Kasamba Kokayi is a student at Boca Ciega High School. He's also a photographer, dancer and actor. His brother, Jumaane, a Bay Point Middle School student, is a visual artist. Adam Martinez, a student at the Pinellas County Center for the Arts at Gibbs High School, plays the viola.
The three recently attended ART-repreneurship, a program for budding young artists to help them envision the skills they'll need to pursue a career in the arts -- one that not only showcases their talent, but also pays the bills.
Sponsored by Forward Thinking Initiatives
in collaboration with the St. Petersburg Area Chamber of Commerce
and the St. Petersburg Greenhouse
, the city's small business assistance center, the program is a part of a communitywide effort to foster the next generation of entrepreneurs, says Sean Kennedy, Manager of the Greenhouse and Economic Development Coordinator for the Chamber.
Local nonprofit Forward Thinking Initiatives launched in 2004 with assistance from the Tampa Bay Partnership
, the Florida High Tech Corridor
Since then, Deborah Campbell, the nonprofit's Founder and Executive Director, has organized workshops, after school programs and summer camps all centered around the idea of helping kids develop critical thinking and leadership skills for business.
"Deborah came to us earlier this year to talk about developing a program for young people through the Greenhouse,'' says Kennedy. "We got both the Greenhouse and the Chamber involved and then helped her partner with all of the great art resources we have here in St. Petersburg.''
Young Artist Entrepreneurs
Art-repreneurship kicked off in February, with students participating in a seven-week program with participating organizations, including Creative Clay
, the Greenhouse, Morean Art Center
, Florida Craftsmen
, St. Petersburg College
and the St. Petersburg Opera Company
An additional ART-repreneurship summer camp will be held at Tampa's Museum of Science and Industry
"The arts are very important to St. Petersburg and the economic development of our city,'' says Kennedy. "Anything we can do to encourage artists is important to us. Reaching out to young people to talk about the skills they need before they're at the point where they need to make a living seemed like a great opportunity.''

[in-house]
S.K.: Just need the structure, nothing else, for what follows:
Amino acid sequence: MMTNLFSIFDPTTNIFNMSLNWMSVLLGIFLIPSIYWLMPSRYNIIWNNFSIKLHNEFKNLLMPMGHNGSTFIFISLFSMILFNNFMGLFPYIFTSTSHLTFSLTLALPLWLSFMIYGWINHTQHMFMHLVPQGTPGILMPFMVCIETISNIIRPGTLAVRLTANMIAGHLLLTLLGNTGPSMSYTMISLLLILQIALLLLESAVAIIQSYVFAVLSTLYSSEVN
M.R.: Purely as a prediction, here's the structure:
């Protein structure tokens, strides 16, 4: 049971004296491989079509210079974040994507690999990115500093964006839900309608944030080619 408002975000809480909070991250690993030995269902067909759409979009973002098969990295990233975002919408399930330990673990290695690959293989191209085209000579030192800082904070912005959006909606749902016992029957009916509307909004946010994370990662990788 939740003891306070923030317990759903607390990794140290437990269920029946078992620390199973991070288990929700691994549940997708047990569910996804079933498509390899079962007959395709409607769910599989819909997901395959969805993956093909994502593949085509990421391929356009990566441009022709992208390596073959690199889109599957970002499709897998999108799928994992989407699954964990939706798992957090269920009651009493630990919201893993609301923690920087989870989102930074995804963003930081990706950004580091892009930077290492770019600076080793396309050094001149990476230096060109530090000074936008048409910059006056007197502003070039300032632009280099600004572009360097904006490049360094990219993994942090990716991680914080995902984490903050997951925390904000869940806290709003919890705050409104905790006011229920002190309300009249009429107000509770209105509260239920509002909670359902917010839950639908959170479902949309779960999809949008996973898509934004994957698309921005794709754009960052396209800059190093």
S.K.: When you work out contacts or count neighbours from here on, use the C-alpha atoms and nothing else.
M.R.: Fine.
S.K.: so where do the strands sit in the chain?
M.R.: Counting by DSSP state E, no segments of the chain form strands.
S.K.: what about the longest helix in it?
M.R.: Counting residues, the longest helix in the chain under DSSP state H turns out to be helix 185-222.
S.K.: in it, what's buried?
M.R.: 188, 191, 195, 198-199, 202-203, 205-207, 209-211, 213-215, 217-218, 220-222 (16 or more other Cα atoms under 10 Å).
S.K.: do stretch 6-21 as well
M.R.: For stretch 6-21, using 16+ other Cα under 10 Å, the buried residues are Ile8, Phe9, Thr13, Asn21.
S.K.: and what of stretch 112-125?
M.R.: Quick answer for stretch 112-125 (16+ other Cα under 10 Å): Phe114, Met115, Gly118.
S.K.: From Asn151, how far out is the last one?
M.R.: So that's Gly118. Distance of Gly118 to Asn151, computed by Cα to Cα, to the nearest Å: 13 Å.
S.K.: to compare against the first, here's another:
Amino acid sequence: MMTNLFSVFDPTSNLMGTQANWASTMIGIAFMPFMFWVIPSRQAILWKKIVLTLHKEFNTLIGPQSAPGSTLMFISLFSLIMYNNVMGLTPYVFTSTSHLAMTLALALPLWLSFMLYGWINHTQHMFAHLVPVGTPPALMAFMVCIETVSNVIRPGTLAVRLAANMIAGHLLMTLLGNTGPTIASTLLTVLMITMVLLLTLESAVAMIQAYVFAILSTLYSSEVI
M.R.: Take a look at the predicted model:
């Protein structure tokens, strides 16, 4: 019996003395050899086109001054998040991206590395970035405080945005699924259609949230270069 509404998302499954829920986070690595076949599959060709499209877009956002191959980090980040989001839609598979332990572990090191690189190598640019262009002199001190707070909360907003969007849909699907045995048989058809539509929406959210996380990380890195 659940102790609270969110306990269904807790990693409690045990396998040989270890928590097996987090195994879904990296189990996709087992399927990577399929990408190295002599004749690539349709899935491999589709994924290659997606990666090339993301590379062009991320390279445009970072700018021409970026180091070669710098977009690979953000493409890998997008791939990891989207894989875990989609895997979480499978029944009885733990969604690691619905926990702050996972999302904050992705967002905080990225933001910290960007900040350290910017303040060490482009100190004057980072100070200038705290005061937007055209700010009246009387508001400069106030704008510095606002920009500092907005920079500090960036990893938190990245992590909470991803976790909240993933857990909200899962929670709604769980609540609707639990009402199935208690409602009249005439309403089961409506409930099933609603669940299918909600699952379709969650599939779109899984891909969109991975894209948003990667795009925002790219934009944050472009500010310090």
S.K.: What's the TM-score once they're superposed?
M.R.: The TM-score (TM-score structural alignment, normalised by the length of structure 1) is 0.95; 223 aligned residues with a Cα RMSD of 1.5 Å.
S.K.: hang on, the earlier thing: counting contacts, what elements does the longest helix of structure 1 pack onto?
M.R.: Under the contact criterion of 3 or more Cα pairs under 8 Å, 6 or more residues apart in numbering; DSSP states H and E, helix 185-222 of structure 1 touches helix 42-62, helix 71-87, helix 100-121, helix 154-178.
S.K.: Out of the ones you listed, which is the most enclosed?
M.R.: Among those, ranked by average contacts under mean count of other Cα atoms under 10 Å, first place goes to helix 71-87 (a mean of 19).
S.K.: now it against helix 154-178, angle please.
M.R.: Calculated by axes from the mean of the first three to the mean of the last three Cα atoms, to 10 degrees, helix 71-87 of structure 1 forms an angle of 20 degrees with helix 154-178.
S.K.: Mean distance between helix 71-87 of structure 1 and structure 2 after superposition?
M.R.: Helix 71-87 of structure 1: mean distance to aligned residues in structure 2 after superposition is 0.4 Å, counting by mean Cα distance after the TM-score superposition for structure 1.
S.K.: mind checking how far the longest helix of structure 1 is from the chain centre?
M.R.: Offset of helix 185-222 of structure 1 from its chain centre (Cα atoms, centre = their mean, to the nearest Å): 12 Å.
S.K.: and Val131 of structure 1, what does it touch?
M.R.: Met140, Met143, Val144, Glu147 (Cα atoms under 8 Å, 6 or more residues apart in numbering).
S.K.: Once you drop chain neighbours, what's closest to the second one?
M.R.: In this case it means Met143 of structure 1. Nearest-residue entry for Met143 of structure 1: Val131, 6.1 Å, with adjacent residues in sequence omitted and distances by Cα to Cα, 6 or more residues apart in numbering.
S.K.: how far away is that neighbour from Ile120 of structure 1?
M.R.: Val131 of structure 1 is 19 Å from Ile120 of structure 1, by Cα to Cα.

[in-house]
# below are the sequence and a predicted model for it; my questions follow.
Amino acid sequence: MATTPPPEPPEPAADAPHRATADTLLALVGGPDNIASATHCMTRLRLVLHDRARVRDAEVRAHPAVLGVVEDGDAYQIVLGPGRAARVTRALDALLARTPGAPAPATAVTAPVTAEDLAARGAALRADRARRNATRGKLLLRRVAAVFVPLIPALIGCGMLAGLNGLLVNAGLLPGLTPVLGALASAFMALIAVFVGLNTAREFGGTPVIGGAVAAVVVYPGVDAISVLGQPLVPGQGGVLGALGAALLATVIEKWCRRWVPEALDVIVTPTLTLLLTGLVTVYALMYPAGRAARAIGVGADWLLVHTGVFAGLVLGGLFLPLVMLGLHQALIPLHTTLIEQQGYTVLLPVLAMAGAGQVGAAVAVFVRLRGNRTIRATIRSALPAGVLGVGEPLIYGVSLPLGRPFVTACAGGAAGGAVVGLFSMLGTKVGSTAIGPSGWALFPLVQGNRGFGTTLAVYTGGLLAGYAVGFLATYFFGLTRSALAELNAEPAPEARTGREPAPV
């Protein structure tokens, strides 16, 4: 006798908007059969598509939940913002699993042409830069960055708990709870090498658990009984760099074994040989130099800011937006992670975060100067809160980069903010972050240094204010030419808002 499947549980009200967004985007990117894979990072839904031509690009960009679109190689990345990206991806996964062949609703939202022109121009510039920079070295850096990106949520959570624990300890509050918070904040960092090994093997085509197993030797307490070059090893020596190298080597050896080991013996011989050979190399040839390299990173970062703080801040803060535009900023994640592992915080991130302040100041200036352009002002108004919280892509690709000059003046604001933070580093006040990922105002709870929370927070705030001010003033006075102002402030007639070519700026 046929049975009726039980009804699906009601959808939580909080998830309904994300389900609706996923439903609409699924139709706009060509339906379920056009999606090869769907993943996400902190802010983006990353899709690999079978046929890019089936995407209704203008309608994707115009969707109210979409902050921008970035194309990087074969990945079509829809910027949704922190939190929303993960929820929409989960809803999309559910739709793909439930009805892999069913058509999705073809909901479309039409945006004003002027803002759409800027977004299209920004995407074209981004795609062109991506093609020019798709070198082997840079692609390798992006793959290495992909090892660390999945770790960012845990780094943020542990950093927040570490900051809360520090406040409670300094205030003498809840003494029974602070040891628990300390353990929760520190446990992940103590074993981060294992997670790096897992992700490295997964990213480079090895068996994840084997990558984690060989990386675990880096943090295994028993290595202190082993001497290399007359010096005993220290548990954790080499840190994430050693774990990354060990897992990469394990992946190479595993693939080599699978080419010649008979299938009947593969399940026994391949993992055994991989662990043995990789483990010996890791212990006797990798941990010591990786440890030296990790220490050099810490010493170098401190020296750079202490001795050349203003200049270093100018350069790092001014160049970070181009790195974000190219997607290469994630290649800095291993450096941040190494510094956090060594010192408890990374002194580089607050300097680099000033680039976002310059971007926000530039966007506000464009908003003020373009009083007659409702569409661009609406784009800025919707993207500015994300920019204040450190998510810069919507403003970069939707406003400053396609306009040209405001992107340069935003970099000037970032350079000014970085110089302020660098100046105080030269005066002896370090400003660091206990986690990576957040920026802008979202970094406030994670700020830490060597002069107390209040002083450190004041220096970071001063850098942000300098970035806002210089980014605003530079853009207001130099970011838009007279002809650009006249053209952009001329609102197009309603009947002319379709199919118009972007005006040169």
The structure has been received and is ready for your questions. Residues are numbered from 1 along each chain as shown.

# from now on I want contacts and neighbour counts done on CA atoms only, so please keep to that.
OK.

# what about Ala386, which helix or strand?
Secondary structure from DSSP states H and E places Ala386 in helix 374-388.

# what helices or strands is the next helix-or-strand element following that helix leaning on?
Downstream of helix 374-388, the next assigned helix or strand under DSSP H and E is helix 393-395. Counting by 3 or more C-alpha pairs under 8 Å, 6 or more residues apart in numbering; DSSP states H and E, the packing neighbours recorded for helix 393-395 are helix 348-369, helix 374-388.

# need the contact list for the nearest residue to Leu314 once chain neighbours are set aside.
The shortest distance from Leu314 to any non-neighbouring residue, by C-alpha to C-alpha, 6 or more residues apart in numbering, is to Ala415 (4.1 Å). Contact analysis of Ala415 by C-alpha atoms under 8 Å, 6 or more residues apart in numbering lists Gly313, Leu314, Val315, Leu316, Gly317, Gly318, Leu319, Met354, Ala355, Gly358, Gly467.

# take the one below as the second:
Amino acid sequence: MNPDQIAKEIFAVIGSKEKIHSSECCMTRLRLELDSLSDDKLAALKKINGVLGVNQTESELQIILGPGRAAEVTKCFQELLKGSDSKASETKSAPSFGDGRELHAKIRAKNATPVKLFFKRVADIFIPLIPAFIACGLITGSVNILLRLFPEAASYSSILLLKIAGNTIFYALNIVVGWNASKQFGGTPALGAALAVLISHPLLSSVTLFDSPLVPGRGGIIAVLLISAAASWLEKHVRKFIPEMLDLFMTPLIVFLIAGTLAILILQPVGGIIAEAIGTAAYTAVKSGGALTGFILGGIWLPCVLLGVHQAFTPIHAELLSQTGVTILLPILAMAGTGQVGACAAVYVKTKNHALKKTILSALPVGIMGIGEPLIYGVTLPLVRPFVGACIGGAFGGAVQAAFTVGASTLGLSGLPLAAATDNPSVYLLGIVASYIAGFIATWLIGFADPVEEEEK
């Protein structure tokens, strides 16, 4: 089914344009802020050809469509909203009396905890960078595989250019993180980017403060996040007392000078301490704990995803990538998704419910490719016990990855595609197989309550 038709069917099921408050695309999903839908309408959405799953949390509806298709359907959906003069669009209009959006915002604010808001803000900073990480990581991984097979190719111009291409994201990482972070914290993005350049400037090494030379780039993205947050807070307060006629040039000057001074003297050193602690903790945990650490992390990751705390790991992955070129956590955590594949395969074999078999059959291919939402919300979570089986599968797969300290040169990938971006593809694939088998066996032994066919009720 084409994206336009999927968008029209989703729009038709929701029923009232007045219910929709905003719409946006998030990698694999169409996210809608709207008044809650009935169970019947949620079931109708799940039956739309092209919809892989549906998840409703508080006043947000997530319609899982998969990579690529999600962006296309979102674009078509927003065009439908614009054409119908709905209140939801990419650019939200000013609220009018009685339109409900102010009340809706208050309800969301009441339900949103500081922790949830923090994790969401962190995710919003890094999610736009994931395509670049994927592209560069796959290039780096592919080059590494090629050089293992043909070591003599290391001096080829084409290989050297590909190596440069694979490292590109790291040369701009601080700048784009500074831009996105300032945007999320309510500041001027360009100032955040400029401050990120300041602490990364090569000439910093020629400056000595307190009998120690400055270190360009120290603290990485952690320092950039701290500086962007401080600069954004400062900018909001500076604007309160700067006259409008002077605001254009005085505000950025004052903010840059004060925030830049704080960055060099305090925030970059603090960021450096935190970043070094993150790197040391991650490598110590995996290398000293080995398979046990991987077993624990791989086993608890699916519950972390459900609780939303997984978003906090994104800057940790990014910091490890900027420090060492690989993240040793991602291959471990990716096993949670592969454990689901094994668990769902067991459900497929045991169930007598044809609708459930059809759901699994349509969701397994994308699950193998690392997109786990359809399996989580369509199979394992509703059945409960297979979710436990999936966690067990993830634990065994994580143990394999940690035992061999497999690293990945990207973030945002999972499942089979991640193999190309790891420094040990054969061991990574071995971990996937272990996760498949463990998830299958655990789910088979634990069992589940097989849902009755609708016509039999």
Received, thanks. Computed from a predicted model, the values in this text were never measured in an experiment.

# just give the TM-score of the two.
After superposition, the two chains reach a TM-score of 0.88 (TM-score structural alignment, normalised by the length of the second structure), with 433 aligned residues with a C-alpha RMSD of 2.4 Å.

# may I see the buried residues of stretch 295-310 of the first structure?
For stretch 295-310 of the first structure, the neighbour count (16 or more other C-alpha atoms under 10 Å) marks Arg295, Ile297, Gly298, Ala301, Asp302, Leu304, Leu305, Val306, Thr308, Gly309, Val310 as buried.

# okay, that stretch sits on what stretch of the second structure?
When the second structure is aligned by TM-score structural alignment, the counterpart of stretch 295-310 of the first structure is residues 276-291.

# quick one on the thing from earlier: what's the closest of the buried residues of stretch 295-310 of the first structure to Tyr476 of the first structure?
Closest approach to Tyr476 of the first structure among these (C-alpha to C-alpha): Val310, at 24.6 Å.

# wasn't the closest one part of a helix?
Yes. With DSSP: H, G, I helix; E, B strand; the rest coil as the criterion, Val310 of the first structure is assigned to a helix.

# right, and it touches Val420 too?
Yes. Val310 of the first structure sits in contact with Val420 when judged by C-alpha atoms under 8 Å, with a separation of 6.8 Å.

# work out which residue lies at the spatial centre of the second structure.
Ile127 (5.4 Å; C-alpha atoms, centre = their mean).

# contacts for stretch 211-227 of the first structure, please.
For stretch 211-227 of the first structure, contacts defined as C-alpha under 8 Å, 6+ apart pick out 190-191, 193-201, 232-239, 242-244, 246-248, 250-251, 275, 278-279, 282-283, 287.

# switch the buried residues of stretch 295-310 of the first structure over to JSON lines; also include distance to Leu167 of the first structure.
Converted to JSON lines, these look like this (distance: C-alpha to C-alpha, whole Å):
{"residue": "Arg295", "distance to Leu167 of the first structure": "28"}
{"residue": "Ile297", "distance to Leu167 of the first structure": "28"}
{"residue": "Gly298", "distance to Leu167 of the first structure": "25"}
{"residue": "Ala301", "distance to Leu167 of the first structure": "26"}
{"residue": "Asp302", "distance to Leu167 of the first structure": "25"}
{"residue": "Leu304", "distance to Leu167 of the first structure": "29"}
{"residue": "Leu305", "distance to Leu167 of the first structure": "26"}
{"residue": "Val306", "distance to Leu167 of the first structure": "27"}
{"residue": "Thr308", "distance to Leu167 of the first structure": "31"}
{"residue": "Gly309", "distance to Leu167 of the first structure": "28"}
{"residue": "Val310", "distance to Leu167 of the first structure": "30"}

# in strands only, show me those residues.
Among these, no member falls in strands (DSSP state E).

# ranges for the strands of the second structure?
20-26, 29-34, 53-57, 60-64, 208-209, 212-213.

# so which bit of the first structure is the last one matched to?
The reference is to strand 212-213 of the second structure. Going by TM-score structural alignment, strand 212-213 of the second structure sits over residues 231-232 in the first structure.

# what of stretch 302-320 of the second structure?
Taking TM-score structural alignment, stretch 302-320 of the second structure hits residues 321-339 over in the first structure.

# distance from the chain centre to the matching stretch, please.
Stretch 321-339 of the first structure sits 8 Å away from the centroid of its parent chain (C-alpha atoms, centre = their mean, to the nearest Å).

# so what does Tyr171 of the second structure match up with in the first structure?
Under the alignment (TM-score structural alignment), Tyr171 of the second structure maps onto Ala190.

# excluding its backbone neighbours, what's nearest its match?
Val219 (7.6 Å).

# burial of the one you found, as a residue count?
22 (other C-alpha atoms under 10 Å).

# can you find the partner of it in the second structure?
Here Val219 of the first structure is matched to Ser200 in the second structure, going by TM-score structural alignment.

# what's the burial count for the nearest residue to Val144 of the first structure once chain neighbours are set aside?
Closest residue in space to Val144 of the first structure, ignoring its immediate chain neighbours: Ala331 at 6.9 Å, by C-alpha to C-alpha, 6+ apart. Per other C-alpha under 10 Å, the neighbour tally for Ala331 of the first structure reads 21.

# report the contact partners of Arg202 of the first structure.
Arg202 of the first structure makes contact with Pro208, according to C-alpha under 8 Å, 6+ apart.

One of the most important aspects of ART-repreneurship was the chance for the teens to meet and talk with actual professional artists, says Campbell.
At a session held at the St. Petersburg Opera Company's new headquarters near the city's Warehouse Arts District, opera singers Susan Hellman
and Colleen McGrath
talked to the teens about the challenges, rewards and persistence required to make it in the arts.
"No one teaches business and marketing skills to artists, especially opera singers. And a lot of it is about shaking hands, making a good impression on people and learning how to network,'' McGrath tells the teens. "We're not saying don't go for it -- absolutely not. It's a passion that you have to honor, but you have to be realistic. And the competition is intense.''
A coloratura soprano who sang professionally around the world for 15 years, McGrath says she always had a back up plan.
"The key is to find that magic job that will allow you go sing and then come back and work at the job,'' says McGrath. "I was a receptionist, veterinary technician and then a manager of veterinary clinics. I would change from my scrubs into a beautiful dress to go to an audition. Then come back and put my scrubs on again and get back to work.''
Hellman is a graduate of College-Conservatory of Music in Cincinnati, OH, and she got her bachelor's in music from Indiana University. She chose the large public university because it had an excellent music school, but also because it offered her other opportunities for a different major and career path just in case she changed her mind about a music.
Moving To St. Petersburg
Both McGrath and Hellman are former New Yorkers who are now happy to be living in St. Petersburg, not just for the weather but also the arts scene.
"I found more joy in music and the arts here in St. Petersburg than anywhere else I have lived,'' says Hellman, who divides her time between working at the St. Petersburg Opera Company as an arts and development associate and singing in opera productions both locally and around the state.
Earlier this year, she performed the lead role in the St. Petersburg Opera Company's performance of "Susannah'' and in 2010, sang in the production of "Carmen.''
McGrath, on the other hand, has retired from her career with the opera and is now the director of "You and Me & Music Together,''
a music program for children that she offers in various locations, including the St. Pete Beach Rec Center, Children's Center of Pinellas and Shorecrest Preparatory School.
The core message from all of the artists was "do what you love, but keep in mind how important it is to support yourself financially,'' says Kennedy.
That's exactly what Erica Hardison had in mind when she enrolled her sons Kasamba and Jumaane in the series. "I wanted to build their confidence that they could pursue their art, but I want them to have a successful life -- not be starving artists.''
Discussion is underway about allowing ART-repreneurship "graduates'' to display and sell their art at the St. Petersburg Area Chamber of Commerce Visitor Information Center, says Kennedy. Additional programs in entrepreneurship are also being considered for the future, perhaps in green technology or sustainability, he says.
Janan Talafer is a freelance writer in St. Petersburg, FL, who shares a home office with her dog Bear and two cats Milo and Nigel. Comments? Contact 83 Degrees.